…or is there?
Water is known to be an amazing force. It sustains life, takes life, removes and deposits rock. Yet, with all this power, sometimes the artist behind the work is hidden to us, our perception working like a snapshot of an incredibly dynamic, drawn-out scene.
Fern Canyon is usually brimming with water in the winter. By summer, the creek that spans from wall to wall withers down to a trickle, allowing for foot bridges and less of a wet walk thanks to our Marine West Coast climate [or “Csbn” (Mediterranean/summer fog) if you want a more technical Köppen classification. Don’t be fooled, by the way, by the Mediterranean part!! I’m not sure what part of the actual Mediterranean is this chilly; the only part I’ve been to was really, really hot! None of that here.].
The interesting thing about Fern Canyon, as small as it is, is the fact that the walls are vertical [and covered in ferns, although brown this time of year]. Of course, these walls lend themselves to all sorts of ‘myths’ about their creation, the most pervasive being that they are man-made [!]. Again [!][!!!]. According to such generalist sites like Trails.com, Fern Canyon was a result of the frenzied California gold rush and miners using hydraulic rock removal methods [I see a future post on how it’s not wise to fully trust major travel guides [no endorsements from them here, eh?]]. Au contraire!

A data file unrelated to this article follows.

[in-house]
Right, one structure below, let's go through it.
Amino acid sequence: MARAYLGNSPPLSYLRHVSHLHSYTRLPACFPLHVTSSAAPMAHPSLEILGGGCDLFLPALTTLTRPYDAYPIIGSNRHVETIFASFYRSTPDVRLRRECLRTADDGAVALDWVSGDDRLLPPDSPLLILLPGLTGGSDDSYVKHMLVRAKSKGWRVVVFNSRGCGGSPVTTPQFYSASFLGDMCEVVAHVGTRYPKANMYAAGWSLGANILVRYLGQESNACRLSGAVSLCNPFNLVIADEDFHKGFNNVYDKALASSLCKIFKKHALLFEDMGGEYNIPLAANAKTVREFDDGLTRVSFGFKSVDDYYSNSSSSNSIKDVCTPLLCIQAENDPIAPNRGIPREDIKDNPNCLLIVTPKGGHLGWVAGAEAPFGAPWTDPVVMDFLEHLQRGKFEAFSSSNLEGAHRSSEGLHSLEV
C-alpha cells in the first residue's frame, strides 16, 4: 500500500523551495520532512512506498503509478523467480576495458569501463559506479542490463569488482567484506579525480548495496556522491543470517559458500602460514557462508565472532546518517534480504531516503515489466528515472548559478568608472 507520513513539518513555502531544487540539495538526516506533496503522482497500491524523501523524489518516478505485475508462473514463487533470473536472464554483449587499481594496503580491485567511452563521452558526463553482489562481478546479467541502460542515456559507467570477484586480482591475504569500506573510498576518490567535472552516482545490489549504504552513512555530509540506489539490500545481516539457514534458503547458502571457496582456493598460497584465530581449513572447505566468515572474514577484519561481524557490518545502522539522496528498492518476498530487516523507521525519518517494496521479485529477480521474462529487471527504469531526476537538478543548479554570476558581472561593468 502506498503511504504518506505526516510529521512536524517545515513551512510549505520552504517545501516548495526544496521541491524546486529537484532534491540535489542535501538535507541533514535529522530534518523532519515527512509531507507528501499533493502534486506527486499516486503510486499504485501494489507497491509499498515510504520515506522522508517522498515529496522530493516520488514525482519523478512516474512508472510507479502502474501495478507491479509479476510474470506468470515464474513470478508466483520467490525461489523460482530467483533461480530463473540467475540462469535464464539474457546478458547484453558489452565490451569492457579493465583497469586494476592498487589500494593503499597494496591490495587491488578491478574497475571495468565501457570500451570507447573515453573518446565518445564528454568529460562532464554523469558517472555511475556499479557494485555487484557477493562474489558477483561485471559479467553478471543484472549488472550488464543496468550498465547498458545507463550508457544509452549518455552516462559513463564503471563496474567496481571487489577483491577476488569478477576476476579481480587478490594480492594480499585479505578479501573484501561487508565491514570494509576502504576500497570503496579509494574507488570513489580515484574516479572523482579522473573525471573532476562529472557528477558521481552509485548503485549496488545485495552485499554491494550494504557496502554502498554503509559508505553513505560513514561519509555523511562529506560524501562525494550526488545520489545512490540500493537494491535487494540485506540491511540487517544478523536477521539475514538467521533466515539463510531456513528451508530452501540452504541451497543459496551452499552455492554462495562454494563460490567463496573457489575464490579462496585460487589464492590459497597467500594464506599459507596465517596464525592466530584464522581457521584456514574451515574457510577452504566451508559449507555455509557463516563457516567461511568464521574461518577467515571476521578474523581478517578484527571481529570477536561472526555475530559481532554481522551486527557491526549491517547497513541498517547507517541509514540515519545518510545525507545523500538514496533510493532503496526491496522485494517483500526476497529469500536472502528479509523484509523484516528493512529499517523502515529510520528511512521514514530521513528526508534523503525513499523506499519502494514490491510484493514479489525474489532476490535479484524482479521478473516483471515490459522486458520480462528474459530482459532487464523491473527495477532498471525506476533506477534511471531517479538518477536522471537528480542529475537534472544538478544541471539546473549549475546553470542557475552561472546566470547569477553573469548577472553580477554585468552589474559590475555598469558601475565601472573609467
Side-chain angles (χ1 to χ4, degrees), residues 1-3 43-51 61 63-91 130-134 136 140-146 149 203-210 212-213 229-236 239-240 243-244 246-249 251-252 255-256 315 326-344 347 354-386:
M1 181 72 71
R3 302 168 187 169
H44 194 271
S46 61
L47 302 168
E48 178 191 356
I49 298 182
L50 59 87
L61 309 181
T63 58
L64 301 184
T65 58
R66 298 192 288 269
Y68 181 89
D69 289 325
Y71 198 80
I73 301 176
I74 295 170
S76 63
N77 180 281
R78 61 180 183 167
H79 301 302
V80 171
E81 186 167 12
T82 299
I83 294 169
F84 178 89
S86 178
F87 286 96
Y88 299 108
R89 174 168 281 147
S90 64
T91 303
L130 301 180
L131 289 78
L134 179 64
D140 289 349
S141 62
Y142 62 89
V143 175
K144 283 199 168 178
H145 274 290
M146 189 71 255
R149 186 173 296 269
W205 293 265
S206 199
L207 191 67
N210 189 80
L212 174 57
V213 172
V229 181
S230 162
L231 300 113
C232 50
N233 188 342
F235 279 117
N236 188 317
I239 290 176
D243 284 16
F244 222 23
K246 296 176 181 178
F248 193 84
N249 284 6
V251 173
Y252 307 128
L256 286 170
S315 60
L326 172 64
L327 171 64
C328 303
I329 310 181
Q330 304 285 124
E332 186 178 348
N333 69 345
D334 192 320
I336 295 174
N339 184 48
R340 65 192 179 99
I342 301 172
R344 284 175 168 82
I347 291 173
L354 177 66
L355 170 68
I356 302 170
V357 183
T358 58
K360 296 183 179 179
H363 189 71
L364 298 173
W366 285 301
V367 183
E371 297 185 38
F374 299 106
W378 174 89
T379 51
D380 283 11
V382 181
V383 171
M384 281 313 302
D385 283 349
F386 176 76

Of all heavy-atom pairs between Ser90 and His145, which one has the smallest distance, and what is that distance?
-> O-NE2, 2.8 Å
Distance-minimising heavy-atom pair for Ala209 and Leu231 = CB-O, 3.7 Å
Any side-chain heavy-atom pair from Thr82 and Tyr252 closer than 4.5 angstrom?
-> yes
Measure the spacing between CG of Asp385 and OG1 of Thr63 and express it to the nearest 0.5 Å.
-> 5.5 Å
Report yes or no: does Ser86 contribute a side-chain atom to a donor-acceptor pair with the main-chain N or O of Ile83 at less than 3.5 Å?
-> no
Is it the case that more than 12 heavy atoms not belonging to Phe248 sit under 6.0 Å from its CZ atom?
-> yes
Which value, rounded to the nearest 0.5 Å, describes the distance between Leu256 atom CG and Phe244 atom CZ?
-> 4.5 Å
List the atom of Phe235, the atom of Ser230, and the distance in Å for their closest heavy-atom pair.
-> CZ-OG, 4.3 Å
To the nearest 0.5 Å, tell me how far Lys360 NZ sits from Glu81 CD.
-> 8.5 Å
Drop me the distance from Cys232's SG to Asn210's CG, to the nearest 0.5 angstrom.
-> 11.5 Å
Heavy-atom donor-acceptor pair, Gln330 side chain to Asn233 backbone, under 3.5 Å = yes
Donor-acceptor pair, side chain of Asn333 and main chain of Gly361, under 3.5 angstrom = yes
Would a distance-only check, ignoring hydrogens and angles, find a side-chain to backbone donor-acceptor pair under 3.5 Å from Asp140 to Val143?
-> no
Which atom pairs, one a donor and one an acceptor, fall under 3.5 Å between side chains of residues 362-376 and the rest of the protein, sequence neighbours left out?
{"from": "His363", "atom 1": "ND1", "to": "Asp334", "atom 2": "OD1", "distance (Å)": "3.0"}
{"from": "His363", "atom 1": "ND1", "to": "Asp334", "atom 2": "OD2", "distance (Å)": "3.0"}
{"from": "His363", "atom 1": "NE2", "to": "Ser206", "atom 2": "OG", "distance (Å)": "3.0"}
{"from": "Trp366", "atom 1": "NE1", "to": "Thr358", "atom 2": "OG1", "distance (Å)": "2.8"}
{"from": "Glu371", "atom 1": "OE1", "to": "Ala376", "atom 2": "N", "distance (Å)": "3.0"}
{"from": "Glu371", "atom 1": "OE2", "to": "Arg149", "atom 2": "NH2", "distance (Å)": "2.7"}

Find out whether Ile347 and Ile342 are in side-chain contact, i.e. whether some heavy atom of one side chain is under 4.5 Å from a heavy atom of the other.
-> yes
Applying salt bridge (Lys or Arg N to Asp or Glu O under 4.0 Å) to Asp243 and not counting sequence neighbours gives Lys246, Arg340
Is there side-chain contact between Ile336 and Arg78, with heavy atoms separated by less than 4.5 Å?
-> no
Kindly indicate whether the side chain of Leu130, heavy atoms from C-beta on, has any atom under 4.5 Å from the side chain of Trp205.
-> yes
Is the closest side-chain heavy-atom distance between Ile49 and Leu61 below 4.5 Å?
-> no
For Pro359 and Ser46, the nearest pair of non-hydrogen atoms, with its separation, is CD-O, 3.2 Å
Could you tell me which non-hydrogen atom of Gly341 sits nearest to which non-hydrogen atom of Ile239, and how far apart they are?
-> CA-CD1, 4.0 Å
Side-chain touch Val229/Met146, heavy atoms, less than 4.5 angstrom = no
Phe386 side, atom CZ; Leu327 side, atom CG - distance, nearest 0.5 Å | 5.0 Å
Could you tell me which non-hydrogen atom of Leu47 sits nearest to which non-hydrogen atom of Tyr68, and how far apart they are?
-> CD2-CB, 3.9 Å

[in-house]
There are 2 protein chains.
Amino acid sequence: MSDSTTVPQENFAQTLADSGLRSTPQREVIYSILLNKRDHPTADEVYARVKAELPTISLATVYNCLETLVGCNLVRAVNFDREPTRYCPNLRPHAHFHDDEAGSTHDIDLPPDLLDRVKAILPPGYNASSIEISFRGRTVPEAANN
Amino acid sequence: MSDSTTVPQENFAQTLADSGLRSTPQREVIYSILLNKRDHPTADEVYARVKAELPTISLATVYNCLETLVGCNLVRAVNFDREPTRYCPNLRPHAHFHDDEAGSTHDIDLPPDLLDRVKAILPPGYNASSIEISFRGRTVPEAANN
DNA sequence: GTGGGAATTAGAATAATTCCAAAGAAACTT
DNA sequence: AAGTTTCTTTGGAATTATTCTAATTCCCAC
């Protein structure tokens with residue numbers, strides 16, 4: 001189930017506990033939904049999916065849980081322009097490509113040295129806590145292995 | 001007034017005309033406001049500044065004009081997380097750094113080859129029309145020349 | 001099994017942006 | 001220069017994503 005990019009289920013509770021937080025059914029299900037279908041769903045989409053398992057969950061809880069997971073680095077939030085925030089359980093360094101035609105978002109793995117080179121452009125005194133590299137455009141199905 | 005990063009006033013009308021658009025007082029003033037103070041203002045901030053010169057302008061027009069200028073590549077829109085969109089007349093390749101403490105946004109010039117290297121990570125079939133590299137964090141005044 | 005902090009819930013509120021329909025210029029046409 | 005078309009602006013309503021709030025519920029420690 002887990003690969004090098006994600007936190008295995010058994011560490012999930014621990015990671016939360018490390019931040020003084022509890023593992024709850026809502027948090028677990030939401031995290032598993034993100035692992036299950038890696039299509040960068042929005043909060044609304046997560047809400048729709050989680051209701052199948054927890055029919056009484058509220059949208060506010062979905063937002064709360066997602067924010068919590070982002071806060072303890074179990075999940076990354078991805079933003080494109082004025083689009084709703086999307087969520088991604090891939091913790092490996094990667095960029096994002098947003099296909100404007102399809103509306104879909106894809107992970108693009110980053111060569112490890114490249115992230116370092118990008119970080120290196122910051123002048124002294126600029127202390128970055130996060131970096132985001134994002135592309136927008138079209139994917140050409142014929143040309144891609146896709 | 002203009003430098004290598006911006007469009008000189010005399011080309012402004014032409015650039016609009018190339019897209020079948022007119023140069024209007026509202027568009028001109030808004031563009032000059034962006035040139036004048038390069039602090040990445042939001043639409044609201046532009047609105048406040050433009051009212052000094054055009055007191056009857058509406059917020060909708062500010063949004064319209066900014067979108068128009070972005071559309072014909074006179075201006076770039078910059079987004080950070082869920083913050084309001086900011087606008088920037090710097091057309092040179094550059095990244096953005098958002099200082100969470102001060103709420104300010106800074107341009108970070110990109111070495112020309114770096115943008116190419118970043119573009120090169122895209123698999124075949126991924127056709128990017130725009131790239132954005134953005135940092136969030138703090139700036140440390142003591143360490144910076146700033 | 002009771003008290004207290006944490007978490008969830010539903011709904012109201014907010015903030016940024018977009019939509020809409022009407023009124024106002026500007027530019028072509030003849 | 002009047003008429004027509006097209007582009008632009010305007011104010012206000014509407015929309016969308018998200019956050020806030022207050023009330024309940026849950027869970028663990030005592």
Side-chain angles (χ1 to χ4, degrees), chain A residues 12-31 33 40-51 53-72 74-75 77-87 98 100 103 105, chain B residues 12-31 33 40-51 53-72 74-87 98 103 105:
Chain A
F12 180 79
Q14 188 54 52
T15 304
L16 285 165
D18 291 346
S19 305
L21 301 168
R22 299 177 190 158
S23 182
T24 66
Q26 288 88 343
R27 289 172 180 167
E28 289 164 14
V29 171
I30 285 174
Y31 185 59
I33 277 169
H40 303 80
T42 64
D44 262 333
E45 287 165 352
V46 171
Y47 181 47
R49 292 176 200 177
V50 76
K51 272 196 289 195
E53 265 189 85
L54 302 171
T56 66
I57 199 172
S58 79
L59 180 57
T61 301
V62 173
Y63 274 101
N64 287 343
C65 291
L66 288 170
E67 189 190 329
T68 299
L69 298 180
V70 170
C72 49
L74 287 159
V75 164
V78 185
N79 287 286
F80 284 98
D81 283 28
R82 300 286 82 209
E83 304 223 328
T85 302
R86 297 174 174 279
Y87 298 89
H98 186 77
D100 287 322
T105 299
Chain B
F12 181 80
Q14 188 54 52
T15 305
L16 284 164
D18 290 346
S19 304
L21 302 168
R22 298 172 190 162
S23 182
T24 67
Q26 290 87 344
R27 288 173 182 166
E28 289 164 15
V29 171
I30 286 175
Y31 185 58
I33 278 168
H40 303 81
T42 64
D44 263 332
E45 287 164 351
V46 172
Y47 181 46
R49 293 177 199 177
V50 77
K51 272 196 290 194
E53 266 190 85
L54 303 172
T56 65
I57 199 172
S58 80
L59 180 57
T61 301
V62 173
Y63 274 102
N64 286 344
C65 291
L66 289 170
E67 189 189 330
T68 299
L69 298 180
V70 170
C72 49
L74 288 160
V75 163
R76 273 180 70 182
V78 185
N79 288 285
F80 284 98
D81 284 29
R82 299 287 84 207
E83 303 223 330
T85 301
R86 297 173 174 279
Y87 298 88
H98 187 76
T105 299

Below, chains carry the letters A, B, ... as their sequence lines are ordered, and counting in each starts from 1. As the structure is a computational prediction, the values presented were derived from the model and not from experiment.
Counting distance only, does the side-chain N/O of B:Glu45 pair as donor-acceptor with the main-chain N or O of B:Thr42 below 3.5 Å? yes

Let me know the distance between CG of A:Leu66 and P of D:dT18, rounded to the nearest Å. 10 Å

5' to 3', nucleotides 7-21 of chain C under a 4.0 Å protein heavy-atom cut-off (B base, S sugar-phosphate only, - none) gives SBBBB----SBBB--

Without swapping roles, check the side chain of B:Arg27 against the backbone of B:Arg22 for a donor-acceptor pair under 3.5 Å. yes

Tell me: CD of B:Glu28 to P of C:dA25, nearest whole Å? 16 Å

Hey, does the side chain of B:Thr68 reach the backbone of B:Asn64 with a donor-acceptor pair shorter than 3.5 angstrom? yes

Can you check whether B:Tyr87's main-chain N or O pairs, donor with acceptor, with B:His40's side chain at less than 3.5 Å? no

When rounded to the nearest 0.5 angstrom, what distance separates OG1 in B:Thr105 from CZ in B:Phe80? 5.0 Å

While there were miners present at Fern Canyon and Gold Bluffs Beach, they were never capable of hydraulically mining the canyon due to the lack of dams [they tried and failed]. Oddly, they occasionally focused their efforts on sucking the gold dust off the sea floor, at times thinking its origins were ocean-based and not from the bluffs themselves.
Indeed, the tool of choice to sculpt Fern Canyon was water, but by the hand of nature, not man. If you ever get the chance to go, *cautiously* check out the walls, or even the bluffs as you drive out there. They are nothing but pebbles! Sand and pebbles, lightly cemented together, ready to crumble at the first rain shower, or prying finger. Couple this soft ‘rock’, laid down by the ancestral Klamath River, with Home Creek [and perhaps a dammed ancient river that broke through?], and you get an easily carved canyon. Again, lots of water + soft ‘rock’ = natural canyon!
Speaking of water, we were lucky to see some in Sabino Canyon in Tucson, Arizona. Only 12 inches of rain falls a year. Much like Fern Canyon, Sabino Canyon is amazing in that water is the sculptor, but unlike Fern Canyon, Sabino doesn’t have water year round. When it’s time to remove some rock, nature does it violently and quickly, almost like a woodworker wielding a chainsaw, hacking off bits and sending them flying. Walking on the canyon floor, the drama of flash flooding is hinted at by the new restroom facilities [made of stone, replacing the old ones that were washed out–also made of stone!], broken bits of bridges, and boulders the size of small houses strewn about.
Water is an amazing artist, even when only present a few times a year. Much like a museum that houses the works of great artists for the rest of us to admire, it is important for us to recognize the correct artist of our natural works, be it rain, wind, or ice, so that we may better understand the natural processes that occur around us. And much like a museum that asks you not to touch the works so they are preserved for future generations, it’s becoming critical that we work to preserve our natural places and allow the natural processes to continue uninhibited, creating the marvellous and mysterious works that they do. /soapbox